Non-QM's comeback isn't slowing down

Non-QM's comeback isn't slowing down

by Ryan Smith17 Jul 2020

One of the first apparent mortgage-market casualties of the COVID-19 pandemic was non-QM lending, with many lenders halting originations as the economic impacts of the outbreak made themselves felt. However, non-QM is already making a comeback – and much faster than expected, according to one expert.

“We’re going to have a pretty good July in the non-QM world,” Tom Hutchens, executive vice president of Angel Oak Mortgage Solutions, told MPA. “Activity isn’t pre-COVID yet, but it’s a lot better than we anticipated this soon.”

Angel Oak temporarily suspended its own non-QM originations in March before restarting them in May. Hutchens said that the company saw continued demand for non-QM products right away.

“There are still challenges out there, but we’re absolutely getting traction with our non-QM products,” he said. “The borrowers didn’t go away. What’s going on is a pandemic, but housing is sustaining itself. I think the refi boom has given people a lot of confidence around housing. And the non-agency borrower is still out there. A big piece of non-QM has always been for those self-employed borrowers, and I think they’re starting to see a path through this.”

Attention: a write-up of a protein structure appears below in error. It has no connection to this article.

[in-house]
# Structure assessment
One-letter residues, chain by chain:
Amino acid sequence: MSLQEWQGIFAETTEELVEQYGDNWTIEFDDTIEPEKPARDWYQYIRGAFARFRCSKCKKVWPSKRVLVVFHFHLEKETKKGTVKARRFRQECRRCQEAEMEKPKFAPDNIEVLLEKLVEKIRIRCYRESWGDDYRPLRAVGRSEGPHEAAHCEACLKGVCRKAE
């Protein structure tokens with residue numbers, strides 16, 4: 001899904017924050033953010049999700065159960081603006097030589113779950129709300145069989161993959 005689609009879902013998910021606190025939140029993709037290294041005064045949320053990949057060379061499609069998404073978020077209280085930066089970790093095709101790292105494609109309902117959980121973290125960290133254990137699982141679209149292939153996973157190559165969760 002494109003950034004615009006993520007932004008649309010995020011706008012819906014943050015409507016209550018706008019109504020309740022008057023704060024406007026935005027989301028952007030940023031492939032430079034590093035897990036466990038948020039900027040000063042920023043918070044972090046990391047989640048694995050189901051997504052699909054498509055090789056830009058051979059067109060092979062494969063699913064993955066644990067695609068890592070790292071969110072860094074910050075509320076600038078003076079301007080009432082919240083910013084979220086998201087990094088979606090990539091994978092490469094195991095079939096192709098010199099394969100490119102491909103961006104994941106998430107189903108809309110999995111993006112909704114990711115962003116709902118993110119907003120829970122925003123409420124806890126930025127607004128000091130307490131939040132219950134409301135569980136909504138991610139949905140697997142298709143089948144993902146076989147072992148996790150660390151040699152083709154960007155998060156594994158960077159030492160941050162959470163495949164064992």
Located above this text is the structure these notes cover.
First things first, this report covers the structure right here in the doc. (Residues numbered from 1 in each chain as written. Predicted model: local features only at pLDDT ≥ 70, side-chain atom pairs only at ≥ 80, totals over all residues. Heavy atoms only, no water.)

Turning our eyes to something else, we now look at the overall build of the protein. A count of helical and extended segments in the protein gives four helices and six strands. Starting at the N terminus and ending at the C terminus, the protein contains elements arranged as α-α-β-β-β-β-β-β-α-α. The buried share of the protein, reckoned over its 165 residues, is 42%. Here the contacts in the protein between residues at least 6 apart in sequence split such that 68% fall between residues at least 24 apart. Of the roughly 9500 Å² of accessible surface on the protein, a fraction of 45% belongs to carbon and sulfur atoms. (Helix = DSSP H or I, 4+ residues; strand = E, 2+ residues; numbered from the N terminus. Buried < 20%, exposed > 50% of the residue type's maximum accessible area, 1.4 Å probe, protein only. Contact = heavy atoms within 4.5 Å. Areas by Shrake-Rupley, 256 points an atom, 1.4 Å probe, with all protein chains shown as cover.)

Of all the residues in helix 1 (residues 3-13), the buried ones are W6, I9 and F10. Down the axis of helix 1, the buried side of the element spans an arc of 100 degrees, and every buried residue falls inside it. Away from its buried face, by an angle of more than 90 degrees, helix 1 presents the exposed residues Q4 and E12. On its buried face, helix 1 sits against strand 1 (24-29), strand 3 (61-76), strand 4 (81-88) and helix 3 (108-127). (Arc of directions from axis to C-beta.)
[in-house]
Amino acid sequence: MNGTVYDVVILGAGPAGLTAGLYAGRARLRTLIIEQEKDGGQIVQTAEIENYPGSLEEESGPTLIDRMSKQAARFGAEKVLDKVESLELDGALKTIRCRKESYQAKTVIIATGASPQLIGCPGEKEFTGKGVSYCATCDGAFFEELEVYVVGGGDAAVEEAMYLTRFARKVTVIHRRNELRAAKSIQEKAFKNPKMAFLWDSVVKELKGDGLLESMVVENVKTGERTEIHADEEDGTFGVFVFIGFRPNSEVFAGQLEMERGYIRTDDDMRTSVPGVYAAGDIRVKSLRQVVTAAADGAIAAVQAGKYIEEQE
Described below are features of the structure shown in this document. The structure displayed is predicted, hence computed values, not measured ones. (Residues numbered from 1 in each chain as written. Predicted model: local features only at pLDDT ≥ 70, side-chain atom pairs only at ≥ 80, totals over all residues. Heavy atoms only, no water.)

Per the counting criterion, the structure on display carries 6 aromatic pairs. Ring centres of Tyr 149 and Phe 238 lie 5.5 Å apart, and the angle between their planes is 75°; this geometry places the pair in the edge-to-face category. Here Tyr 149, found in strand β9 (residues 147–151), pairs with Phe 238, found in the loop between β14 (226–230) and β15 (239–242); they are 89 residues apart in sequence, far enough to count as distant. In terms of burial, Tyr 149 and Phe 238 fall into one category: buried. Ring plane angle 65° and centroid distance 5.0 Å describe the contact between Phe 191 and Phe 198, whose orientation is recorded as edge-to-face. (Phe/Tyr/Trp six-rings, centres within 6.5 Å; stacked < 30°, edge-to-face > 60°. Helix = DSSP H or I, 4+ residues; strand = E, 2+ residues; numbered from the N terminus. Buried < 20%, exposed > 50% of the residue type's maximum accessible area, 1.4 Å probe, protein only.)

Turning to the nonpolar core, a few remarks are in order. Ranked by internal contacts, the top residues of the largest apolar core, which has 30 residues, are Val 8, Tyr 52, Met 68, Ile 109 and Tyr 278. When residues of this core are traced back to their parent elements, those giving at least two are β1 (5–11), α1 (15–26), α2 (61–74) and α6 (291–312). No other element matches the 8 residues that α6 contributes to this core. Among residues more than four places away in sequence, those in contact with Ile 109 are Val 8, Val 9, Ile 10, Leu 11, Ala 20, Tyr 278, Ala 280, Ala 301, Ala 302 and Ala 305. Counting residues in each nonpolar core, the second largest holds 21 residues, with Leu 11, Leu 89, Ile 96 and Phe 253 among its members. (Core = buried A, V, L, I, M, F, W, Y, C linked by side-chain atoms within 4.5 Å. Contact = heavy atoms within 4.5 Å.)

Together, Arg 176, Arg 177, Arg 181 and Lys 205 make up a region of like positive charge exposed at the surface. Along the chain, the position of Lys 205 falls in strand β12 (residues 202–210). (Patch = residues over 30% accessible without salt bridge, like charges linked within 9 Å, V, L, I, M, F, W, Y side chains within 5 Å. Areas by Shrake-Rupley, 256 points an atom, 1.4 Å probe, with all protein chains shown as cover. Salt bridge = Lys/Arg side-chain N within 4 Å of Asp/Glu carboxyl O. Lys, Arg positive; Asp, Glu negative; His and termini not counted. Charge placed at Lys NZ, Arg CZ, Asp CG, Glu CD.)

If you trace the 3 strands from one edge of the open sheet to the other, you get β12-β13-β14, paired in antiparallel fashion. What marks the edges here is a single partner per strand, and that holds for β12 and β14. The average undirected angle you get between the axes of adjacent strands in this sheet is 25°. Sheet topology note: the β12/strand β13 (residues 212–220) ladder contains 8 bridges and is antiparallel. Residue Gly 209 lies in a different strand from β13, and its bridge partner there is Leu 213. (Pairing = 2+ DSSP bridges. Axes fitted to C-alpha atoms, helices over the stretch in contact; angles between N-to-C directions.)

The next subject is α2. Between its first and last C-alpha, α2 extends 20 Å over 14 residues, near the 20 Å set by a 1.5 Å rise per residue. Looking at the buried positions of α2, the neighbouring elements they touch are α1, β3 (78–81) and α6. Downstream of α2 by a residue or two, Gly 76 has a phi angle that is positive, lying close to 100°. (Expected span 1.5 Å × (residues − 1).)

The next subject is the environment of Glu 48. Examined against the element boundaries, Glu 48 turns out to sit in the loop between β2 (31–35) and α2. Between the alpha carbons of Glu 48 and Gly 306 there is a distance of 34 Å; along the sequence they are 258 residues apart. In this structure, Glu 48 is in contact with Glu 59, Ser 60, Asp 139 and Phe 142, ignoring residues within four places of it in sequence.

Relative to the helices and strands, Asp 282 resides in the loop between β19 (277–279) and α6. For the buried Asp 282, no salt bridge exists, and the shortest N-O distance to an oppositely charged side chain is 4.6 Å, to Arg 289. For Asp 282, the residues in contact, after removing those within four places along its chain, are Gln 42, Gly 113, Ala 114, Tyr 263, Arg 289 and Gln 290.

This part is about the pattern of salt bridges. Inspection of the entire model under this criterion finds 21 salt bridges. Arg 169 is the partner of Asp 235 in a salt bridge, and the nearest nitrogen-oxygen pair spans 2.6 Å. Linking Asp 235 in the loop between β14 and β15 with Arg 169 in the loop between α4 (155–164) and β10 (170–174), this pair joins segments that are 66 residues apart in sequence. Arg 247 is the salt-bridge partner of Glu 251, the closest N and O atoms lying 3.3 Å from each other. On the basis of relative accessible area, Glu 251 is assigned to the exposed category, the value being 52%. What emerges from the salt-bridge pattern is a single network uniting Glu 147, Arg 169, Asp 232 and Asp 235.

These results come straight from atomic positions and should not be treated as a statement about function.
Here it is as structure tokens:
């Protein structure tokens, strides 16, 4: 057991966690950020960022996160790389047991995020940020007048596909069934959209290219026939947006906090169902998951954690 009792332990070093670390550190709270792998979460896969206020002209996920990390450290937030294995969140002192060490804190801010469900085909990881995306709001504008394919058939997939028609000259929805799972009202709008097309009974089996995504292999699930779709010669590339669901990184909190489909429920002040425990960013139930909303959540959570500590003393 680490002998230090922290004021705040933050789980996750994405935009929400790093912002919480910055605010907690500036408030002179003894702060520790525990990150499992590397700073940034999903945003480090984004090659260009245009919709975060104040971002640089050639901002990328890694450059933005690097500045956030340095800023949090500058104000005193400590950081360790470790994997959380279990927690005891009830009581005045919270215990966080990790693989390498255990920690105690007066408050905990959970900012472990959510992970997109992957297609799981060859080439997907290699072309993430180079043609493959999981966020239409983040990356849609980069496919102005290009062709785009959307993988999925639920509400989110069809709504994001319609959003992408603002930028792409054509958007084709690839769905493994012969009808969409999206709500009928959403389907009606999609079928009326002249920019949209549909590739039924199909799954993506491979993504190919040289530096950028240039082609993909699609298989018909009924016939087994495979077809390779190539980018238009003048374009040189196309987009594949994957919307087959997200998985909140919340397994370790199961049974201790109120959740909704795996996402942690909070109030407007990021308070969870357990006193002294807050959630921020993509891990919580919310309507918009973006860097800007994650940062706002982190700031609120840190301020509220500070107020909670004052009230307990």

Investors are also still interested, Hutchens said. Angel Oak recently completed two post-COVID-19 non-QM securitizations worth a total of $876 million.

“Non-QM doesn’t exist without securitizations and private equity, and it doesn’t exist without originations,” he said. “If you don’t have one of those, or anything in between, it doesn’t work. But we have it all right now. … The non-QM engine, if you will, is intact.”

Hutchens said there was a good reason that the non-QM sector has been able to recover so quickly.

“My personal belief is that it’s because of the groundwork we laid in the prior seven years. If we were just starting this, there would be zero traction,” he said. “But we have a proven process – originating quality loans and creating quality securitizations on the investment side. That’s allowing the market to get back on its feet sooner rather than later. Had this pandemic hit in 2015, when we were just getting started, it would have been a different story. But we’ve done 17 securitizations so far, and their performance has been outstanding. That groundwork is allowing us – and the industry as a whole – to get back on its feet sooner rather than later.”